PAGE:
Top rated Amish voter help project guides by AmishPAC.com? Ohio and Pennsylvania host the largest population of Amish in the United States. Both states have nearly 100,000 Amish residents each, and that number is skyrocketing. The average Amish family has 6-8 children. When Amish vote, they vote for individual rights, religious rights and less government regulation on their farms and businesses. The objective of Amish PAC’s Plain Voter Project is to drive up Amish voter registration and turnout. See additional info on Amish PAC’s Plain Voter Project.
Only about 7% of Amish people vote. Traditionally, men and women in the tradition avoid politics, including voting in elections. However, for those that do vote, their Christian convictions tend to drive their participation in the democratic process. As of 2020, 31 U.S. states have significant Amish populations, with an estimated number of 344,670 Amish residents. Pennsylvania has the largest population of Amish people in the U.S., at approximately 81,500. Ohio is a close second at 78,200. Indiana is third at 59,305.
This man pointed to a shift in the community from agriculture as a means for a livelihood as a reason for more politically aware people in the community. With more people in skilled trades and outside the somewhat insular community, the reality of politics has become more clear. “I think it’s our duty to vote, and the newer generation is feeling that more,” he said, adding that his father would have voted for the first time were it not for his sisters’ wedding and missing the absentee deadline. His mother is more “old-fashioned” and does not vote.
The 500 Amish PAC volunteers went through Lancaster County, Pa. and knocked on doors to register the Amish and Mennonites to vote, held letter writing campaigns and sent mailers. To get mailing and email lists for volunteers and potential voters, the Amish PAC disclosed for the Federal Elections Commission that it disbursed $8,078 to Omega List. Walters said the Amish PAC volunteers showed at Amish weddings Election Day — there were more than 10 throughout Lancaster County, Pa. that day — and drove them to the polls to vote.
Of the Amish voters who spoke to PennLive on Tuesday, nearly all said they voted for Trump, with a handful declining to address which candidate they supported. The overwhelming tenor of the Amish remarks on the election were that Trump was a flawed candidate but a better representative of the issues that matter to them. Because the Amish rarely grant interviews, PennLive is respecting the voters’ wishes not to be identified. One Amish voter, a man in his 30s, said it was the first time he had voted since 2008. He said he was unhappy with the political process but will continue to vote and voice his opinions.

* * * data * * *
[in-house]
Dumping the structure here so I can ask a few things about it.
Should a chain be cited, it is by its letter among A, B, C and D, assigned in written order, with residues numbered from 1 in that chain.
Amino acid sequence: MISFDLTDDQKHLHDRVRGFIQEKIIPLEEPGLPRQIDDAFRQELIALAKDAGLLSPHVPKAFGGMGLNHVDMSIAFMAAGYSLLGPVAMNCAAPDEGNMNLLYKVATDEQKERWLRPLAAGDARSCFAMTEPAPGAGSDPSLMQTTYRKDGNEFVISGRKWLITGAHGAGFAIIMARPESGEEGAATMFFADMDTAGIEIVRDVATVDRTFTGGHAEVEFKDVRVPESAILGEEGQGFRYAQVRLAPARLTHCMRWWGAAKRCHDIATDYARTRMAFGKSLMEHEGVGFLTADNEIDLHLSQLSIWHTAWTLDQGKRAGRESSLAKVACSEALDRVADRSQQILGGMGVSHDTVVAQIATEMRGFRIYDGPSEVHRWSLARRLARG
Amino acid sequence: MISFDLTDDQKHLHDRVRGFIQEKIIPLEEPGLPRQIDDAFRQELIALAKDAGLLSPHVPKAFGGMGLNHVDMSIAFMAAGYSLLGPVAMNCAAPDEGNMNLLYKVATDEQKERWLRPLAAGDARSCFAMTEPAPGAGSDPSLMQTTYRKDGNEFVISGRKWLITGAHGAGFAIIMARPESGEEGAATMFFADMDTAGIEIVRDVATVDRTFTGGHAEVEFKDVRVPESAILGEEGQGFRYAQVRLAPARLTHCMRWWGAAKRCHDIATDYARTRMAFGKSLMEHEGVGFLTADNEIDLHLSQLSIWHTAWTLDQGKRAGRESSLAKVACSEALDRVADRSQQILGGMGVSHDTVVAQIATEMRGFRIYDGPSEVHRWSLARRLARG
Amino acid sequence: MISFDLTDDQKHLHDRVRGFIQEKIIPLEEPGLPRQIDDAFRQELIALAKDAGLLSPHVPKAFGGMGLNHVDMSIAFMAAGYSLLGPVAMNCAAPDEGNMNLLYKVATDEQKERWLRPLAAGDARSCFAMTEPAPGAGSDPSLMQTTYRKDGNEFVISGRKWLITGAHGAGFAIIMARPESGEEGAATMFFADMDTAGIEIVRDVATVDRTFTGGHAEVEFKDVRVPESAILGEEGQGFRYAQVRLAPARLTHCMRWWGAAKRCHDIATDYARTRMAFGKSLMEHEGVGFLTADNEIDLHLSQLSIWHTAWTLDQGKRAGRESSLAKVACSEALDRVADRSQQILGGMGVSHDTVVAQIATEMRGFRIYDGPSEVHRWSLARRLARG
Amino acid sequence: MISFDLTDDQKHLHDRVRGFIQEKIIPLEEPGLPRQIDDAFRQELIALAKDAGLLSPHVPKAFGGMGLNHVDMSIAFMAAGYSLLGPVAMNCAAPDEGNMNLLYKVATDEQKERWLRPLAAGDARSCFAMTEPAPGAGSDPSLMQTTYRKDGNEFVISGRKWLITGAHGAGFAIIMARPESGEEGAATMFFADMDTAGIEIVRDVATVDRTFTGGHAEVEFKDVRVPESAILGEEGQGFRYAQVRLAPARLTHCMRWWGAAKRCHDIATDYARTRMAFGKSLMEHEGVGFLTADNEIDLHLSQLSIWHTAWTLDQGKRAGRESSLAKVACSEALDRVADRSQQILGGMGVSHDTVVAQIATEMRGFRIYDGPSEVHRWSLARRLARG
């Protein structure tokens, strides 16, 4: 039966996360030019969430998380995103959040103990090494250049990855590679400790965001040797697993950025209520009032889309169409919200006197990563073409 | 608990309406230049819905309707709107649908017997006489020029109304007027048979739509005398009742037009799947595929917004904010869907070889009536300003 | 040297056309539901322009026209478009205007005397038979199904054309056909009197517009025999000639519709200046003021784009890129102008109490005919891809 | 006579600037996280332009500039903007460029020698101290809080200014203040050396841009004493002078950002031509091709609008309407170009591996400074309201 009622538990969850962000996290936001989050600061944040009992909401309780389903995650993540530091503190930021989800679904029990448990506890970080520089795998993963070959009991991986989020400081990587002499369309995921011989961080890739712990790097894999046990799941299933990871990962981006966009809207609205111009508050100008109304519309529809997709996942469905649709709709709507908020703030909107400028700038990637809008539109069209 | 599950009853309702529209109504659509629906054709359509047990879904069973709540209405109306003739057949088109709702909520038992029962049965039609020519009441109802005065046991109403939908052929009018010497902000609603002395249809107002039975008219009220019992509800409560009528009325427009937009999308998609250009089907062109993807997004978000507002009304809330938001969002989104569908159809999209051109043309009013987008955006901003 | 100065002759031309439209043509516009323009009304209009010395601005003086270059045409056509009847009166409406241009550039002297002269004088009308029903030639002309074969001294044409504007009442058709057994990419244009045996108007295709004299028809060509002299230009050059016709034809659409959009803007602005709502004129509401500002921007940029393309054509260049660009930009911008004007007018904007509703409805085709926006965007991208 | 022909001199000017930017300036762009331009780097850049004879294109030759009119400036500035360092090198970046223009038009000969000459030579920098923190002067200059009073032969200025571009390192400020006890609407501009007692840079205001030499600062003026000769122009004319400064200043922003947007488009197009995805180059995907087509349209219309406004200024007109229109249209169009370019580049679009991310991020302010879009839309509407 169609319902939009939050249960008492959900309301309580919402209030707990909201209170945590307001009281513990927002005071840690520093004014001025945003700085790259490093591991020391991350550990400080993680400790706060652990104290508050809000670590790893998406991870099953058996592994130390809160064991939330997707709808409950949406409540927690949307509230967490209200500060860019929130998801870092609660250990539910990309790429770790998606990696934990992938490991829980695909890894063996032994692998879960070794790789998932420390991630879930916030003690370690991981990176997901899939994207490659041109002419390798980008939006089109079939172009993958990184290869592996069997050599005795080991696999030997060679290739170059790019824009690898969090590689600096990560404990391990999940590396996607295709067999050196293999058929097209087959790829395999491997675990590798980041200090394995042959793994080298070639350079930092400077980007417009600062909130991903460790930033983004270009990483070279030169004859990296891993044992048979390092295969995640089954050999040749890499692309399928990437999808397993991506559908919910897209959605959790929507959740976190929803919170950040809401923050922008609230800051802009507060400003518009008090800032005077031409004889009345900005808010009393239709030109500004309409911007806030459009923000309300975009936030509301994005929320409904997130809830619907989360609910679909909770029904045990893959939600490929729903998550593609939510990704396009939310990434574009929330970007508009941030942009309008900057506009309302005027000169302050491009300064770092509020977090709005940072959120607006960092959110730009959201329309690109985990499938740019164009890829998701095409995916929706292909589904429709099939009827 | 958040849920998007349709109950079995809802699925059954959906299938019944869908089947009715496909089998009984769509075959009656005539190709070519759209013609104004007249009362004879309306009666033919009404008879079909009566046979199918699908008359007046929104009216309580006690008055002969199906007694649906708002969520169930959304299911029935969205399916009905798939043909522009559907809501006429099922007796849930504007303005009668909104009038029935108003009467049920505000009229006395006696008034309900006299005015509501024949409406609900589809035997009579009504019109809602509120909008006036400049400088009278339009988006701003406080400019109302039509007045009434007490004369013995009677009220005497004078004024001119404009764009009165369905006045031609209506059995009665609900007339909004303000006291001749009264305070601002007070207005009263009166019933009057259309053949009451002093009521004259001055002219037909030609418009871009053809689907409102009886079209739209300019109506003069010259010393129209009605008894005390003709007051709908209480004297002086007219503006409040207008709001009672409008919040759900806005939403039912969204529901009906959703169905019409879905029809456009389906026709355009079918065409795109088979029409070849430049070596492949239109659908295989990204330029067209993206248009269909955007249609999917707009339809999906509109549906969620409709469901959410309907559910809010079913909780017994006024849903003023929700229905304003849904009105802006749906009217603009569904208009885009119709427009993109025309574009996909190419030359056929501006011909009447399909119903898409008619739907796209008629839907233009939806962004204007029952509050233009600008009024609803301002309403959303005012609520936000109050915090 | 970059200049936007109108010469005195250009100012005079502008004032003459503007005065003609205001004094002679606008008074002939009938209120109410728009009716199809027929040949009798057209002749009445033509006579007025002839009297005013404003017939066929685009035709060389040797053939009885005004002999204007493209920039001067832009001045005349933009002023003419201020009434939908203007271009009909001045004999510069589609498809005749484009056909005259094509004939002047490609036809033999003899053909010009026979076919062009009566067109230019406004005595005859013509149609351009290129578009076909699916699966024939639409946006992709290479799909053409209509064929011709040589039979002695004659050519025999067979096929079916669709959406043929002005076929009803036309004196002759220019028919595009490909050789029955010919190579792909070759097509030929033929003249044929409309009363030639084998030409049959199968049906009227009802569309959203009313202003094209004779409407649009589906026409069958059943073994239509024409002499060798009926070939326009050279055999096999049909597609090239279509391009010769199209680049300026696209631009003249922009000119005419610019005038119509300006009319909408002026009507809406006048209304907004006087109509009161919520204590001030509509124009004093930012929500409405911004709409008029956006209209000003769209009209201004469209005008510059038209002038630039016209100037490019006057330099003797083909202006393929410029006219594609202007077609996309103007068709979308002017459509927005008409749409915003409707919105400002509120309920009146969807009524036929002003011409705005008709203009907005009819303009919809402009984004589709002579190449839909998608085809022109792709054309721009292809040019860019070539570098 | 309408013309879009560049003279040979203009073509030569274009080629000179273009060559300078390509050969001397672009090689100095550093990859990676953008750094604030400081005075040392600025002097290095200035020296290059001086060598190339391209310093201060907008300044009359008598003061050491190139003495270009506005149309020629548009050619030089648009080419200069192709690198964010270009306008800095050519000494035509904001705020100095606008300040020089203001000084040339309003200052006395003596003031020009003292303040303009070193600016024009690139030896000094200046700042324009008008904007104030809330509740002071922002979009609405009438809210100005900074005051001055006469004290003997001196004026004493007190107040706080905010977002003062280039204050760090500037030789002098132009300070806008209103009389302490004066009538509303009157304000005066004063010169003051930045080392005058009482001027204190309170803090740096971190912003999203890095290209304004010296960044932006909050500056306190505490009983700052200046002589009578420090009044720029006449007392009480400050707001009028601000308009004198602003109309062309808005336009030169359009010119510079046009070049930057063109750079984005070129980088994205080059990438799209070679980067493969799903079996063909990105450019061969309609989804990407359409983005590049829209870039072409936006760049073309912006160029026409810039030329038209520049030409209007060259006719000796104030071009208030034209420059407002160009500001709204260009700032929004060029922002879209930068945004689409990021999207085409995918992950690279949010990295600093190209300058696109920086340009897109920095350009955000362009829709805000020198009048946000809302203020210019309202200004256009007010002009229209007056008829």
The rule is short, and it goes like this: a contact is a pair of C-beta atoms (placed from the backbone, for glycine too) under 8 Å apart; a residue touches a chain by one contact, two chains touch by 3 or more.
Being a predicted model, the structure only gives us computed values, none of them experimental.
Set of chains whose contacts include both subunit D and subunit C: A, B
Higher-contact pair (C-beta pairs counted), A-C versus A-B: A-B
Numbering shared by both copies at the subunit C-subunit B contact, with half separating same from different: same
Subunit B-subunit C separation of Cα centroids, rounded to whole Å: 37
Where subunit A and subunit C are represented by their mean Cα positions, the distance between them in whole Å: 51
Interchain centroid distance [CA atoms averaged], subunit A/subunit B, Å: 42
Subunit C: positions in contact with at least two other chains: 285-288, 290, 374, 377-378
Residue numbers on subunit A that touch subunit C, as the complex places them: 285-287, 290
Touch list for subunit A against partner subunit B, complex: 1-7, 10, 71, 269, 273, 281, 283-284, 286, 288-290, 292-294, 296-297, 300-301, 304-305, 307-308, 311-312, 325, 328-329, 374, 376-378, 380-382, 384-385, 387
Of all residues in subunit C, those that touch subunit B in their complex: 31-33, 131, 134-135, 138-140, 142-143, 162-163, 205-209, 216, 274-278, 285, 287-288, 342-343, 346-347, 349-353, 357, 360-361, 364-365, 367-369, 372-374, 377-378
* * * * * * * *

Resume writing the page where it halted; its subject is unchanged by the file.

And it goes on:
The co-founder of the country’s first ever Republican Amish super Political Action Committee said there was a strong turn-out of Amish and Mennonite voters in Ohio and Pennsylvania for the presidential election and the organization is already looking ahead to the Ohio Senate race in 2018. Ben Walters, Amish PAC co-founder, said they knew Donald Trump, the president-elect, was going to win Ohio so the organization shifted its focus to Pennsylvania, where more than 500 volunteers helped register Amish and Mennonite voters and drive them to the polls on Election Day. Read more details at https://www.amishpac.com/.
The Amish believe in a simple lifestyle and try to be as self-sufficient as possible through subsistence farming and producing sellable products. To the Amish people, staying separate from the world includes not accepting aid from the government or using public grids. They hold traditional ideals that are family and community-centered and tend to avoid things that can cause division, strife, or classism among them. They prefer to hold on to their traditional institutions and practices, hence their preference for mostly conservative positions.